Guided Practice Examples of Number Lines  Section 2: Direct Instruction and Guided Practice
Adding Fractions with Common Denominators
Lesson 5 of 9
Objective: SWBAT to add benchmark fractions using a number line and will express their developing understanding of quantities that are less than and greater than one whole.
Opener
OPENER:
I start with this:
"Think (silently) about how adding fractions on a number line will compare to adding whole numbers. Think of a similarity, a difference, or both."
After a few minutes:
"Turn and share with a neighbor. I will be coming around to listen to your ideas."
I am doing this to gather information and I want to encourage open discourse. If students are corrected every time they say something they won’t feel free to speak. So, I don't correct any of their thinking but I do provide them with sentence stems and vocabulary assistance. This is an especially important support for ELL students.
Example sentence stems to facilitate student thinking.
I think that (adding fractions or adding whole numbers) is going to be (alike, different) because _____________.
I think one thing that is different between adding whole numbers and adding fractions is ______________ (e.g., that a whole number has digits written like this (child demonstrates) and a fraction has a number on top and on the bottom.)
After a few minutes, I randomly choose on 35 students to share their thoughts about how adding fractions might be different or similar to adding whole numbers. I may also deliberately pick a child with an especially clear thought or a misconception that I know other students share.
GUIDED PRACTICE
I use simple number lines such as the ones on Guided Practice Examples of Number Lines to show two addition problems, 1 + 2 = 3 and 1/4 + 2/4 = 3/4.
"The denominator stands for equal parts that make up one whole unit or group. As the number of pieces that make up one whole remain the same, the denominator remains unchanged when we are adding. In addition (and subtraction) we are working with the numerator, the number of those equal pieces that are represented."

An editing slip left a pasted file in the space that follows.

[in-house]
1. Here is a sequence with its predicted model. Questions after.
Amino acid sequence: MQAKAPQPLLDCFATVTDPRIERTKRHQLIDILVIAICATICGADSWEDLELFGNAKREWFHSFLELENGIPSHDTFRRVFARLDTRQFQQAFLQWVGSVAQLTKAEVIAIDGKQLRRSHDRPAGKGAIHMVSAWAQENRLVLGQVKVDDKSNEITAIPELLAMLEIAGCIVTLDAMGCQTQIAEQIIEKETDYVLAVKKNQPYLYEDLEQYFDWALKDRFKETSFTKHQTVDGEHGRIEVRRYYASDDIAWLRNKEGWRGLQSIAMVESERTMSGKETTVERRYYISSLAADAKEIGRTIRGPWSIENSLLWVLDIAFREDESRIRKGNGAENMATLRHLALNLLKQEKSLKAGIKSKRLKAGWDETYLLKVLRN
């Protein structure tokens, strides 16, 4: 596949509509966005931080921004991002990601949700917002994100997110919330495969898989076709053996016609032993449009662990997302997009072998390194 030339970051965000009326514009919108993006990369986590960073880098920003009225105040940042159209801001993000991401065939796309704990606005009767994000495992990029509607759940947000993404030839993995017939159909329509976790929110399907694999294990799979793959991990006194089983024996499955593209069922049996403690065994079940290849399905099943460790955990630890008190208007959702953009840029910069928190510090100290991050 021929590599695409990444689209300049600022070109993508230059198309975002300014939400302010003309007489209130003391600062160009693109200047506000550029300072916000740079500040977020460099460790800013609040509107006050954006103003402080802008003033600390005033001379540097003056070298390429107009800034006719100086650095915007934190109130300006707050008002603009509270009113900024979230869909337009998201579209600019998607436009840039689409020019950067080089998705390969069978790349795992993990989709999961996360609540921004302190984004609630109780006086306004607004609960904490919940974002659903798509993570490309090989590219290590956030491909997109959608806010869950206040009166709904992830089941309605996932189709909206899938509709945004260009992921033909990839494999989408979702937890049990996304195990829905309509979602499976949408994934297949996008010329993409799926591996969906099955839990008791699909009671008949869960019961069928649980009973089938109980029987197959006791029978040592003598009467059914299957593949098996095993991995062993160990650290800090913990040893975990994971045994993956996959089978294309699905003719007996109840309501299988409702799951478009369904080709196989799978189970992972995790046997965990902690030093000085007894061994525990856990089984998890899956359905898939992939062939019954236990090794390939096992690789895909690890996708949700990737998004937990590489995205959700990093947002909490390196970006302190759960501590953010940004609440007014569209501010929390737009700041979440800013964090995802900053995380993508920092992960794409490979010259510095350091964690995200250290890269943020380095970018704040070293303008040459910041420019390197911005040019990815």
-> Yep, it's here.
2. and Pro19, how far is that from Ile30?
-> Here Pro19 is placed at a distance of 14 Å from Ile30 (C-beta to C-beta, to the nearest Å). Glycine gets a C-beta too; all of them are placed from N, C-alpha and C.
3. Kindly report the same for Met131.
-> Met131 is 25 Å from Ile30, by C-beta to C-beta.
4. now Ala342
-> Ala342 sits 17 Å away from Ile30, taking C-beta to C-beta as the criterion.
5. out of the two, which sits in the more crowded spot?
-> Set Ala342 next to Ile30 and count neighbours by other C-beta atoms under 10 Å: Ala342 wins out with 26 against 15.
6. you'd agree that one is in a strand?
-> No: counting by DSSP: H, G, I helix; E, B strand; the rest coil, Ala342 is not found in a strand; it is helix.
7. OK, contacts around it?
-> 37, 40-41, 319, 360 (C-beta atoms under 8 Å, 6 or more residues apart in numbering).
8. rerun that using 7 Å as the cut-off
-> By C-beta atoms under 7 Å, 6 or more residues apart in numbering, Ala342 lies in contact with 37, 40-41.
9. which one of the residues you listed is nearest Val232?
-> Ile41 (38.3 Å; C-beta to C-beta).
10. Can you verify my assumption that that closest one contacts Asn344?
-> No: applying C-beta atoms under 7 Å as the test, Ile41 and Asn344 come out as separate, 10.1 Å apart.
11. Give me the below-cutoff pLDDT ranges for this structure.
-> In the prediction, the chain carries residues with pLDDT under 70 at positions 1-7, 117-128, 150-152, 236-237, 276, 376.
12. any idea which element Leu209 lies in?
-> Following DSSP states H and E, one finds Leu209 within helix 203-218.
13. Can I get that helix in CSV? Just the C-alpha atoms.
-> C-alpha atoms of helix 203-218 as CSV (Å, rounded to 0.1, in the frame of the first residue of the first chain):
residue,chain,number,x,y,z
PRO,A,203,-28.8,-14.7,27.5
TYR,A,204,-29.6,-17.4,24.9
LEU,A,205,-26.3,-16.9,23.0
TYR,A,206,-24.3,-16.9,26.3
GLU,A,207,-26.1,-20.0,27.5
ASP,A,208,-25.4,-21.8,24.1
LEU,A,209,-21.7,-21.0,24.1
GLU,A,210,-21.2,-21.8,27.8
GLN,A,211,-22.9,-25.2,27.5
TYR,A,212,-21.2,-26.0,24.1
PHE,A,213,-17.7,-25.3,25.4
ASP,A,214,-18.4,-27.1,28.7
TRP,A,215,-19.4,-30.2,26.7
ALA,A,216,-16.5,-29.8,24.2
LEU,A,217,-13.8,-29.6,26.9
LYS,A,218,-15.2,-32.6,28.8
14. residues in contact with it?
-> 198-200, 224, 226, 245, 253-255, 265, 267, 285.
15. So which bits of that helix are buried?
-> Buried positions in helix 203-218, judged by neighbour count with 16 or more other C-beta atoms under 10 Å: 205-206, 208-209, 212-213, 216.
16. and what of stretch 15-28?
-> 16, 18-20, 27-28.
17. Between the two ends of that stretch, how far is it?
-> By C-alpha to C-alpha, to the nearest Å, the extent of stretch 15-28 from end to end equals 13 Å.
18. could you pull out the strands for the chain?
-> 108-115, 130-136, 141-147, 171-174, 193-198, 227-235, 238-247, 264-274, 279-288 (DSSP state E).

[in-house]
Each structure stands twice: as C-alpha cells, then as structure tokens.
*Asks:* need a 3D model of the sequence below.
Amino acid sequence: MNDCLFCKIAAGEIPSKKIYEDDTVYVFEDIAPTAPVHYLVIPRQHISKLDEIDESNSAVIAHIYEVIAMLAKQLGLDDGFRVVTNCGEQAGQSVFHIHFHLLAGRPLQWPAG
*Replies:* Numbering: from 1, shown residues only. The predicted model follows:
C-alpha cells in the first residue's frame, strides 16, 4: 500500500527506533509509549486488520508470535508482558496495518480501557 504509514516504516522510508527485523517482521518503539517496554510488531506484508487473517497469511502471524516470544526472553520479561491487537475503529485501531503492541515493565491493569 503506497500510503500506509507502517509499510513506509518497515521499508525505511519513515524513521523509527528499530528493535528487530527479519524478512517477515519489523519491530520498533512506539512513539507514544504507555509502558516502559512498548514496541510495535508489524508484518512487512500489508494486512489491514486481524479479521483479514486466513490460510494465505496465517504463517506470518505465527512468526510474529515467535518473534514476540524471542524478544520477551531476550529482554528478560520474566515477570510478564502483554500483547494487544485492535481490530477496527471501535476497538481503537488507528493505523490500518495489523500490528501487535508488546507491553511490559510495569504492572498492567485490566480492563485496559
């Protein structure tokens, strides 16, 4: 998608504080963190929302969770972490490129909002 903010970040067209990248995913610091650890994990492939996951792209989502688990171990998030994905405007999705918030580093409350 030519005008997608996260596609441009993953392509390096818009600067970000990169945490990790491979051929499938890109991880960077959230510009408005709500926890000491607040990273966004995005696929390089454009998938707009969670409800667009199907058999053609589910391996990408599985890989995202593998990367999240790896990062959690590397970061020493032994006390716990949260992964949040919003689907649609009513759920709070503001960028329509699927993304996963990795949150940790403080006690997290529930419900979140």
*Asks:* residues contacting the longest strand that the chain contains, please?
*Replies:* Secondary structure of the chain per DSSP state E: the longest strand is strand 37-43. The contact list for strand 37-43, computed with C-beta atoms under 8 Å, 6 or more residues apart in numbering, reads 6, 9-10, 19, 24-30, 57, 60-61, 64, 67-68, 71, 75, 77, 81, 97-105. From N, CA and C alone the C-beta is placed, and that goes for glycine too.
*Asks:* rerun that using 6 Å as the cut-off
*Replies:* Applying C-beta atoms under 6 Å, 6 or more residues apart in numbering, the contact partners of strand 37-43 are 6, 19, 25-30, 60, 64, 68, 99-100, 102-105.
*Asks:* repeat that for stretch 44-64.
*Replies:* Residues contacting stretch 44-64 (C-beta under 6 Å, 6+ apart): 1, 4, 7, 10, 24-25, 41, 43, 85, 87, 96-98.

I go through several examples, briefly but clearly. Consider writing out the complete equations and letting them look at them and think before then going through the steps. This is helpful to whole to part thinkers.
2/4 + 2/4 = 4/4

1/3 + 1/3 = 2/3

1/8 + 3/8 = 4/8.

I ask guiding questions:
 "What did you notice about the numerator?"
 "What did you notice about the denominator?"
 "Is the sum greater than one whole? How do you know?"
 "Is the sum less than one whole? How do you know?"
 ** "Which is larger? 5/4 or 2/3?" (What I'm looking for here is that 5/4 is larger because it is larger than one whole, whereas 2/3 is less than one whole. The comparison does not need to go beyond recognition of fractions that are less than, equal to, or greater than one whole."
Then I draw number lines. I explicitly make the tick marks and count the spaces. I ask the students to assist me as I label the fractional part represented by each line. Then I ask students to model the addition problem with me. After we've done 5 to 7 of those, I have them do 5 to 7 more on their own as I watch.
1/2 + 1/2 = 
1/2 + 2/2 = 
1/2 + 3/2 = 
1/6 + 4/6 = 
1/3 + 3/3= 
2/3 + 2/3 = 
4/8 + 6/8 = 
2/4 + 3/4 = 
1/8 + 5/8 = 
When I cross the "one whole" mark I ask questions at least half of the time instead of just stating it. "Is 3/2 larger or smaller than one whole? How do you know?"
Resources (1)
Resources (1)
Resources
Independent Practice
While the fine motor task of drawing out a number line adds a layer of complexity for the students, in this lesson I have (most of them) draw their own number lines because I do firmly believe (and research has shown) that we learn things in a different, more entrenched way when we have to write them out by hand.
I have them draw out number lines to show these addition equations:
1/4 + 1/4 =

4/4 + 2/4 =

1/4 + 1/4 + 1/4 =

1/3 + 1/3 + 1/3 =

3/3 + 1/3 =

3/3 + 3/3 =

1/2 + 1/2 =

2/2 + ½ =

2/2 + 2/2 =

3/2 + 1/2 =

Create your own. 

I use this time to confer with students and nudge them to the next level of thinking on an individual basis. This student demonstrates a thorough understanding addition of fractions with common denominators. The next step for her will be to put this in written form.
This student also understands how to add fractions with common denominators and can show it on a number line. I admire his creative use of English to try and explain that for which he does not yet have English words.
Resources (2)
Wrapup
To close this lesson, I ask students to write a few sentences in their math journal. They may respond to one or more of these prompts:
 Why doesn't the denominator change when you are adding fractions?
 What is something new you learned today about adding fractions?
 What is a question you have about adding fractions?
 What are two important words from today's lesson and what do they mean?
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 LESSON 3: Matching Models (Number Lines and Diagrams)
 LESSON 4: Fractions on a Number Line  Beyond One Whole
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